From Papyrus to EHR: Change is in the Air, but HIM Endures

As AHIMA kicked off its 87th Annual Convention and Exhibit at Monday’s general session, speakers talked about the inevitability of change and the promise of the future.

‘We Redid the Playbook’

Cassi Birnbaum, MS, RHIA, CPHQ, FAHIMA, recalled her year as AHIMA president. One of the top priorities was the national advocacy campaign calling for no further delay of ICD-10-CM/PCS. “After three delays [of ICD-10] I thought I was living through another Groundhog Day movie,” she said. “We completely redid the playbook on why ICD-10 matters.”

Leadership has also been a prominent theme for Birnbaum. “There has never been a year where I’ve seen such unprecedented movement in our HIM ranks,” she said. Birnbaum urged members to prepare for their continued career journey during convention and to lead and promote initiatives such as information governance and informatics. “We’ve realized our vision, but our work has only begun,” she said.

AHIMA CEO Lynne Thomas Gordon, MBA, RHIA, CAE, FACHE, FAHIMA, looked back to the first medical records, written on papyrus. More recently, the founding of what we now know as AHIMA in 1928 paved the way for modern HIM practice. Medical records were then elevated to a place of importance, Gordon said, and no longer relegated to collecting dust.

Today, HIM professionals work to make sense of the current information explosion and take the lead in turning health information into health intelligence. “As HIM professionals, our job is to tell the patient story with integrity, so it can be trusted,” she said.

In fact, the pace of change for the profession has accelerated, and HIM professionals must choose how they react to the change, Gordon said. “When adversity knocks on your door, how do you respond? We will face the challenges together, be aware of the past, and look forward to the future,” Gordon said.

HIM in Demand Worldwide

Chandra Brown, deputy assistant secretary for manufacturing with the US Department of Commerce’s International Trade Administration (ITA), described the work of the ITA and its recent collaboration with AHIMA to increase exports of HIM educational, certification, and accreditation materials.

ITA has been working to increase exports in many sectors, but it believes there is particular opportunity in the health IT (HIT) market, Brown said. HIT subsectors such as mobile health and telehealth are expected to grow in the next five years. US exports are in particular demand due to the desire for innovative “disruptive” technologies around the world, and the US wants to continue to be a leader, Brown said.

Similarly, AHIMA has an opportunity to educate students and workers worldwide about best practices in HIM, Brown said. Since 2013, ITA and AHIMA have collaborated on a market development coordination program to increase HIM education-related exports to Brazil, India, the United Arab Emirates, and Saudi Arabia, with a focus on developing a global HIM curriculum.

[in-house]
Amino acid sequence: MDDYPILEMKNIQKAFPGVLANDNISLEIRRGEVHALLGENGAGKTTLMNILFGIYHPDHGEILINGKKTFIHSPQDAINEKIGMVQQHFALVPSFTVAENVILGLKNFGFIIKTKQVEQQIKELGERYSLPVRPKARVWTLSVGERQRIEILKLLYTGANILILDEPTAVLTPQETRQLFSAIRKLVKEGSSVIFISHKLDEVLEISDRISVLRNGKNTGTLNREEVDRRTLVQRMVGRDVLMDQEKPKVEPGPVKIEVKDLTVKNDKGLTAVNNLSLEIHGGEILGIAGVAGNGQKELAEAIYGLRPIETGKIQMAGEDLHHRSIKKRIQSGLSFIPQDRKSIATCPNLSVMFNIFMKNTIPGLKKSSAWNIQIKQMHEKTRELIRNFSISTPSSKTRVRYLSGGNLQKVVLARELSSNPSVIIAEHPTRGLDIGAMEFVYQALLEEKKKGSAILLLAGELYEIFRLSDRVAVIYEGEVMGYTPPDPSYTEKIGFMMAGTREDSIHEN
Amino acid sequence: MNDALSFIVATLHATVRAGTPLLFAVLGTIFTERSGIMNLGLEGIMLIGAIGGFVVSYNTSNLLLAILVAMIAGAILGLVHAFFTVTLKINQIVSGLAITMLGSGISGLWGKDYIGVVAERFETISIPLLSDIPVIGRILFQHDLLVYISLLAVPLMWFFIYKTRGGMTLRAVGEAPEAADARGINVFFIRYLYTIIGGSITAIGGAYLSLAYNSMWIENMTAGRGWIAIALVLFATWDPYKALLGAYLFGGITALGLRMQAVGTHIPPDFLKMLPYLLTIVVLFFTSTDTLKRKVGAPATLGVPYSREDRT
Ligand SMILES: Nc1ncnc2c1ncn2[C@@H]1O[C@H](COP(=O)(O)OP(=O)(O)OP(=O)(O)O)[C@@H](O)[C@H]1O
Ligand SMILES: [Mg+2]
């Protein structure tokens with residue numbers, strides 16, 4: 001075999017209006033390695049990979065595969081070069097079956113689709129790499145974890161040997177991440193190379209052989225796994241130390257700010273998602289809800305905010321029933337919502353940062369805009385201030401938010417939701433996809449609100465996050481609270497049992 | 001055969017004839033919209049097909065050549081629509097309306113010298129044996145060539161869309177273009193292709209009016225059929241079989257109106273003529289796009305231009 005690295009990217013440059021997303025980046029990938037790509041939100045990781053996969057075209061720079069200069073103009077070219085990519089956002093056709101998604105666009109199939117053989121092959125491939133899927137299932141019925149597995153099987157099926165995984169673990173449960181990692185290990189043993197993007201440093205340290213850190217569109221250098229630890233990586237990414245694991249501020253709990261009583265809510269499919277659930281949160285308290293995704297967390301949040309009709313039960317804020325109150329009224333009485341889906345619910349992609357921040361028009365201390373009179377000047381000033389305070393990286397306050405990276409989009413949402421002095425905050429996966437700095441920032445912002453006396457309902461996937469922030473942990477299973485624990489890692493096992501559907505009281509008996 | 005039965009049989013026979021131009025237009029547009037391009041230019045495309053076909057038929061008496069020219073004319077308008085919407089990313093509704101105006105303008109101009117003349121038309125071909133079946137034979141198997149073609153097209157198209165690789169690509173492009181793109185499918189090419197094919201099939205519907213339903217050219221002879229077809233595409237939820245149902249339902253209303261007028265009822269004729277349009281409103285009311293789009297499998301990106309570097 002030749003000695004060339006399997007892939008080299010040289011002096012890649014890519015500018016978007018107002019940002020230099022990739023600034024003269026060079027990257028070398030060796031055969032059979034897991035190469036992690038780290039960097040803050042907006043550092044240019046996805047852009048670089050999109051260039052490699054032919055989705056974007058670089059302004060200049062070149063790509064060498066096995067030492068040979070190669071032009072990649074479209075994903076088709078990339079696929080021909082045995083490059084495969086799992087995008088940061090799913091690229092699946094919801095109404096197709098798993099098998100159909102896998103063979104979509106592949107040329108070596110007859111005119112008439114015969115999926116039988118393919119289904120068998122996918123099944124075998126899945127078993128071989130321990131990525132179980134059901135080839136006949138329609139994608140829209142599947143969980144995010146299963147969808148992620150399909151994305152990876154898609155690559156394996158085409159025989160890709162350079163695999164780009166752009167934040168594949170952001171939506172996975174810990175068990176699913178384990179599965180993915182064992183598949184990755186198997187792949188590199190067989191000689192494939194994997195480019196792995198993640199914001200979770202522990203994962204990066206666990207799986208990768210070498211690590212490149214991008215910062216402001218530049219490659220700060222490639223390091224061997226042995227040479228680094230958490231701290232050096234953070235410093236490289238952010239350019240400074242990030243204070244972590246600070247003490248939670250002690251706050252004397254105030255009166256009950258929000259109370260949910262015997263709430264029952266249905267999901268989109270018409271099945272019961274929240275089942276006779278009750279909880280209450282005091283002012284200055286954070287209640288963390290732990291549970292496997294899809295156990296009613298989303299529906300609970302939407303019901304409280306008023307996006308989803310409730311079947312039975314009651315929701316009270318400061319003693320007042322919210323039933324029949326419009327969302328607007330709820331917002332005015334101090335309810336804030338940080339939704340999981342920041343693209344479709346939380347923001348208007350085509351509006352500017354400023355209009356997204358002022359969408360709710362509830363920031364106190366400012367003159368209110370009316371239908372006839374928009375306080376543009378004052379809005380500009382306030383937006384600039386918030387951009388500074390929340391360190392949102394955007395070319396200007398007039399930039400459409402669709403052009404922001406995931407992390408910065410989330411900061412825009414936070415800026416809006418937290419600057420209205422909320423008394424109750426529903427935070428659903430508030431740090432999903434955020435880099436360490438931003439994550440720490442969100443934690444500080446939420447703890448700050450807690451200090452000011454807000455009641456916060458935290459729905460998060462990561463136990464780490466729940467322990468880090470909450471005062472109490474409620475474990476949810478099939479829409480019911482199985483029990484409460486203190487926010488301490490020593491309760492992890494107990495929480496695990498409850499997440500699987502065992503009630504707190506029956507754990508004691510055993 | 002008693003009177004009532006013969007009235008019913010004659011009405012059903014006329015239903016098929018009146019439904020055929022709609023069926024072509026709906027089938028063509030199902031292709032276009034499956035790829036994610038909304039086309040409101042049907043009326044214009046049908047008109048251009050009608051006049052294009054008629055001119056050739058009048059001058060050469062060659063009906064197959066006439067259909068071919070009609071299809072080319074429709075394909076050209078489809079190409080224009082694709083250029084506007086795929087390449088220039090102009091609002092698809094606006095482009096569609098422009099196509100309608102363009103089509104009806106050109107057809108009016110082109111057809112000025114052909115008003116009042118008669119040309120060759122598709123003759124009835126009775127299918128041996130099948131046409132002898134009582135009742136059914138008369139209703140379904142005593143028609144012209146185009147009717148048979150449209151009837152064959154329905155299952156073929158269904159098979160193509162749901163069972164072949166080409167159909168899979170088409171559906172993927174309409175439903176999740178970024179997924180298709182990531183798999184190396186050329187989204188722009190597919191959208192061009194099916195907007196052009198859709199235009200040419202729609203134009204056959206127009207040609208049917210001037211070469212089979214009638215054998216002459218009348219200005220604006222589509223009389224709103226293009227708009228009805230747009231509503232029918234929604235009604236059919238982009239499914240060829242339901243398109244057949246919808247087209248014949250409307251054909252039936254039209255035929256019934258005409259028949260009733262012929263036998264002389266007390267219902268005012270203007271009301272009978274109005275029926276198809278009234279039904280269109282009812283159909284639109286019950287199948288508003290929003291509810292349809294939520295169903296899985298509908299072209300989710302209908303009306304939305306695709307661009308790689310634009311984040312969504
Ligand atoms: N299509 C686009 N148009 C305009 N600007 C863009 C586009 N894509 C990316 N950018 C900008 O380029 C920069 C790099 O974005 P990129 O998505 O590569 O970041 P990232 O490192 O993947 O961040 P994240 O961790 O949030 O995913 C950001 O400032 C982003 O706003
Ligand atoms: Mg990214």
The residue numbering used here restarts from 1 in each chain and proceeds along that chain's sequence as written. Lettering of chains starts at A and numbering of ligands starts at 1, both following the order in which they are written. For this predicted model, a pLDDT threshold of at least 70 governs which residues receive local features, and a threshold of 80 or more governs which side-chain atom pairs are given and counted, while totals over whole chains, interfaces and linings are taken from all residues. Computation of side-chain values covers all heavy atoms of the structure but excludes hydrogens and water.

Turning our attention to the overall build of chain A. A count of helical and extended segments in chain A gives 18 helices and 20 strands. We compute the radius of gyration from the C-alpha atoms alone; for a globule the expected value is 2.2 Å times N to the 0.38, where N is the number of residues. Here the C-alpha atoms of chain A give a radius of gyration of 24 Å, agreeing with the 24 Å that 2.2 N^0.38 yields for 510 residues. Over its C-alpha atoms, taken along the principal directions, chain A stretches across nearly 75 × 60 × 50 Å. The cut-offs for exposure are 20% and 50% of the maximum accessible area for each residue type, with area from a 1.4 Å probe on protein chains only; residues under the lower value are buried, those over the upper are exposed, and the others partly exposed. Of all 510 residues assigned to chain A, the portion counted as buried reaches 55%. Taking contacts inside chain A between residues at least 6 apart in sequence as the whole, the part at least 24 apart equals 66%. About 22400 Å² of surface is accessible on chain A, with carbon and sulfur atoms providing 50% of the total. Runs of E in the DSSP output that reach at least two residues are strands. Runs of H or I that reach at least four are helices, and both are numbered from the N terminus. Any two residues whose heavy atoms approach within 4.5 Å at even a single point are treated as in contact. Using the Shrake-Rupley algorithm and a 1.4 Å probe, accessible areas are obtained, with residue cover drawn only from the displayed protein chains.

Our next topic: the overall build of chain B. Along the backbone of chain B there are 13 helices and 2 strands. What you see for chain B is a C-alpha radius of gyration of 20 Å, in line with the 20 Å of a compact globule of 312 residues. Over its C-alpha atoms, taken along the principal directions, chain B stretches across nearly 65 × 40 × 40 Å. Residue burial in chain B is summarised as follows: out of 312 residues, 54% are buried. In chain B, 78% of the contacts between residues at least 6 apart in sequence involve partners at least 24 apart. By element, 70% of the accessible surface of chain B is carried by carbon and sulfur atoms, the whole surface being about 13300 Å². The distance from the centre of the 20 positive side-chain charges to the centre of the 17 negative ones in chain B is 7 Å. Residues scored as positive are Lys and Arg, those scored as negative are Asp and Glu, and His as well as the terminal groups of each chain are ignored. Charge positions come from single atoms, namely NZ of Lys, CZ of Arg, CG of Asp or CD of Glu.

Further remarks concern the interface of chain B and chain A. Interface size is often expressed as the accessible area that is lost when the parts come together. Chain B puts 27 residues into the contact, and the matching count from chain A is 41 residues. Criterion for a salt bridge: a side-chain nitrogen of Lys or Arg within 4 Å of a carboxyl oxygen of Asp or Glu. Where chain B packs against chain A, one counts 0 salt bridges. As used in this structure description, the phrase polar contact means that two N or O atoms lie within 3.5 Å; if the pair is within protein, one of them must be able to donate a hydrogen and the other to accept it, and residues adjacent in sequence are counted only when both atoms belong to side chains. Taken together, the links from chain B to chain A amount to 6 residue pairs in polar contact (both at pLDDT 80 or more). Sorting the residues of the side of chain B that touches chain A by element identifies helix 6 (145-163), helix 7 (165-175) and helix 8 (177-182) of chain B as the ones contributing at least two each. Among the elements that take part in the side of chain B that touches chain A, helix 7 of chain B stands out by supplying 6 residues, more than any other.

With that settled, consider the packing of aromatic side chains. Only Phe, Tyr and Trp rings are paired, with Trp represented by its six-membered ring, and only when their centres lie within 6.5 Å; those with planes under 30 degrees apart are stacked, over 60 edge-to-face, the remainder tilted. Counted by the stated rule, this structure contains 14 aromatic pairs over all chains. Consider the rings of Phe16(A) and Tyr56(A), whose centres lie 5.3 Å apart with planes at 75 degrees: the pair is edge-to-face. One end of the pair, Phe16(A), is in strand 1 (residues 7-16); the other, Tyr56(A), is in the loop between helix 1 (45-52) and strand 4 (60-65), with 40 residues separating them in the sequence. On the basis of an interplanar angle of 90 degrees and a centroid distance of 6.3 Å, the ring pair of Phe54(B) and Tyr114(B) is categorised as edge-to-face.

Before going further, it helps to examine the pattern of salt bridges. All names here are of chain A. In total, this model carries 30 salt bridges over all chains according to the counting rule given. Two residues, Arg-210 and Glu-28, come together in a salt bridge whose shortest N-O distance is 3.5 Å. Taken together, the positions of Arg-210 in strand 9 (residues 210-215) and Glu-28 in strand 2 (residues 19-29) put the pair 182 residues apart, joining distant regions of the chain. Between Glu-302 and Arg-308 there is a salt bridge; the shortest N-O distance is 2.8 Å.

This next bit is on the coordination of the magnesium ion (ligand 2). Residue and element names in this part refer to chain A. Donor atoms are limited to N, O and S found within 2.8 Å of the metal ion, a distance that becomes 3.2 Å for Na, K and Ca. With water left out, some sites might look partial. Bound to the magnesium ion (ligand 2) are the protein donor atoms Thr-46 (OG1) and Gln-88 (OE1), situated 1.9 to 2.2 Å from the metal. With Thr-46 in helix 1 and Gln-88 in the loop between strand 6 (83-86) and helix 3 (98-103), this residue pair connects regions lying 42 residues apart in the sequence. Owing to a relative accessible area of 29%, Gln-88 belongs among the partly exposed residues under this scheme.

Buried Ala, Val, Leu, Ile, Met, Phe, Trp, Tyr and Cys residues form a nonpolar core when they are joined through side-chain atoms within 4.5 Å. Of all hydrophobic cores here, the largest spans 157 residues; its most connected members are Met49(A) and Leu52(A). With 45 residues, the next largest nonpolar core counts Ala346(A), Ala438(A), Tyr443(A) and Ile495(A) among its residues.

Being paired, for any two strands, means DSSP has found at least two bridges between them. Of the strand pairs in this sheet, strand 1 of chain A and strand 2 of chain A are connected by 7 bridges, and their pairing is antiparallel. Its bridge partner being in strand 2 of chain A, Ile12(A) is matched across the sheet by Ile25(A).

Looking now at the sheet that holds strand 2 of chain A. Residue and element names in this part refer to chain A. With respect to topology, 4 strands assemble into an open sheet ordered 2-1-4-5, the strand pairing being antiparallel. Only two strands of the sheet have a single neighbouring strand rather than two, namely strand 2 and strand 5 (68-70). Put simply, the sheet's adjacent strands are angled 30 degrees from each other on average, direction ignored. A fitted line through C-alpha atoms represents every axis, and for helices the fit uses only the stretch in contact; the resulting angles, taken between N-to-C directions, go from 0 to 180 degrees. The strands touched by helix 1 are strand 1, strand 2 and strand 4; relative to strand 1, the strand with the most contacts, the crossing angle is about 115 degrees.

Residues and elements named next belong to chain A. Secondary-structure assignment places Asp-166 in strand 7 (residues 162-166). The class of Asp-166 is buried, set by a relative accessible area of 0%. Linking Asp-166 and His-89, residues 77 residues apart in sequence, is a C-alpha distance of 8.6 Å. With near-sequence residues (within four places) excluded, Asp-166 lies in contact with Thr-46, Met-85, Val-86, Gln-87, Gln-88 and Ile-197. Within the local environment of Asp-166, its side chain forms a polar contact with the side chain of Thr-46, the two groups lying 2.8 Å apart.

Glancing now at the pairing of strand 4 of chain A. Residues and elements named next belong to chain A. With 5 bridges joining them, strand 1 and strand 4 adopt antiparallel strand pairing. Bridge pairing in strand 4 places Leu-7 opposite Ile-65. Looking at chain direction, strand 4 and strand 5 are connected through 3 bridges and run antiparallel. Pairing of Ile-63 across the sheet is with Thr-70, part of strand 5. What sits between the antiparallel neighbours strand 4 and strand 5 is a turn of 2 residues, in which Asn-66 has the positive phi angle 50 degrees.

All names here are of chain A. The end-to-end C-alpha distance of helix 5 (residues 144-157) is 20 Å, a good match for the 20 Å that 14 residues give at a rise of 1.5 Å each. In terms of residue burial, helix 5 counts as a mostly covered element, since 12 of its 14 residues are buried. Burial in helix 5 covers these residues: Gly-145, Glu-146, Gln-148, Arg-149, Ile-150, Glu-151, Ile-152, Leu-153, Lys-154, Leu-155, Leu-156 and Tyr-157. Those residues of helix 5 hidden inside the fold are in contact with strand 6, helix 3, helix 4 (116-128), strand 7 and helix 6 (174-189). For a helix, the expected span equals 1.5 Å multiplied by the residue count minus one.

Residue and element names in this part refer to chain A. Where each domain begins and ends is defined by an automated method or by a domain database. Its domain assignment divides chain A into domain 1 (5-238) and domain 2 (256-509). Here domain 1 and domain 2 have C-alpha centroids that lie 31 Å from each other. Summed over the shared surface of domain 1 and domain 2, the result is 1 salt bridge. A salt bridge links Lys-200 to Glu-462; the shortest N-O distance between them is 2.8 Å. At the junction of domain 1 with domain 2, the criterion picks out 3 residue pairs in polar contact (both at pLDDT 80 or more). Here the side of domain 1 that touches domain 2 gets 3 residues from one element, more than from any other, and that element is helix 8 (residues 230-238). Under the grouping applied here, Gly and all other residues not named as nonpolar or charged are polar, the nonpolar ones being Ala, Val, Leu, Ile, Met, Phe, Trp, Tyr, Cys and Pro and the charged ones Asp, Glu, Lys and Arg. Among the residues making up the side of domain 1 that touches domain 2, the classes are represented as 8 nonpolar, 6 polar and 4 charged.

The Global HealthWorkforce Council, established by AHIMA and the AHIMA Foundation, released the first curricula for academic programs and workforce development efforts across health information professions worldwide this summer.

Brown said ITA recently published the “2015 Top Markets Report: Health IT,” which ranks health IT export potential in 80 markets. The report provided insights into the opportunities and challenges in various countries. For example, certain countries may not know how to work with the health IT sector due to outdated regulations and lack of coordination among government ministries and agencies. Other potential issues include overly restrictive policies regarding exchange and storage of information, which may discourage effective use of health information. ITA is working with its partners to overcome these limitations, Brown said. “We’re here to advocate on your behalf,” she said.

‘Pride Makes You Strong’

Liz Jazwiec, RN, of the Studer Group, shared her insights on customer service in what she described as her “fatally blunt” manner. At Chicago’s Holy Cross Hospital in the 1990s, she was an emergency room nurse when a new CEO determined that the hospital had to improve its patient satisfaction scores from 14 percent to 70 percent in nine months.

“You know how much we love change in healthcare,” Jazwiec said. She was skeptical initially, she said. “I resisted service for the sport of it. I just didn’t like it.” But over time she found that improving customer service increased the sense of purpose she felt in her work by seeing the impact it made on patients. “You never know how far your reach goes,” she said.

She advised listeners to focus not only on what’s wrong, but on what’s right “and embrace it,” she said. “Because pride makes you strong.”

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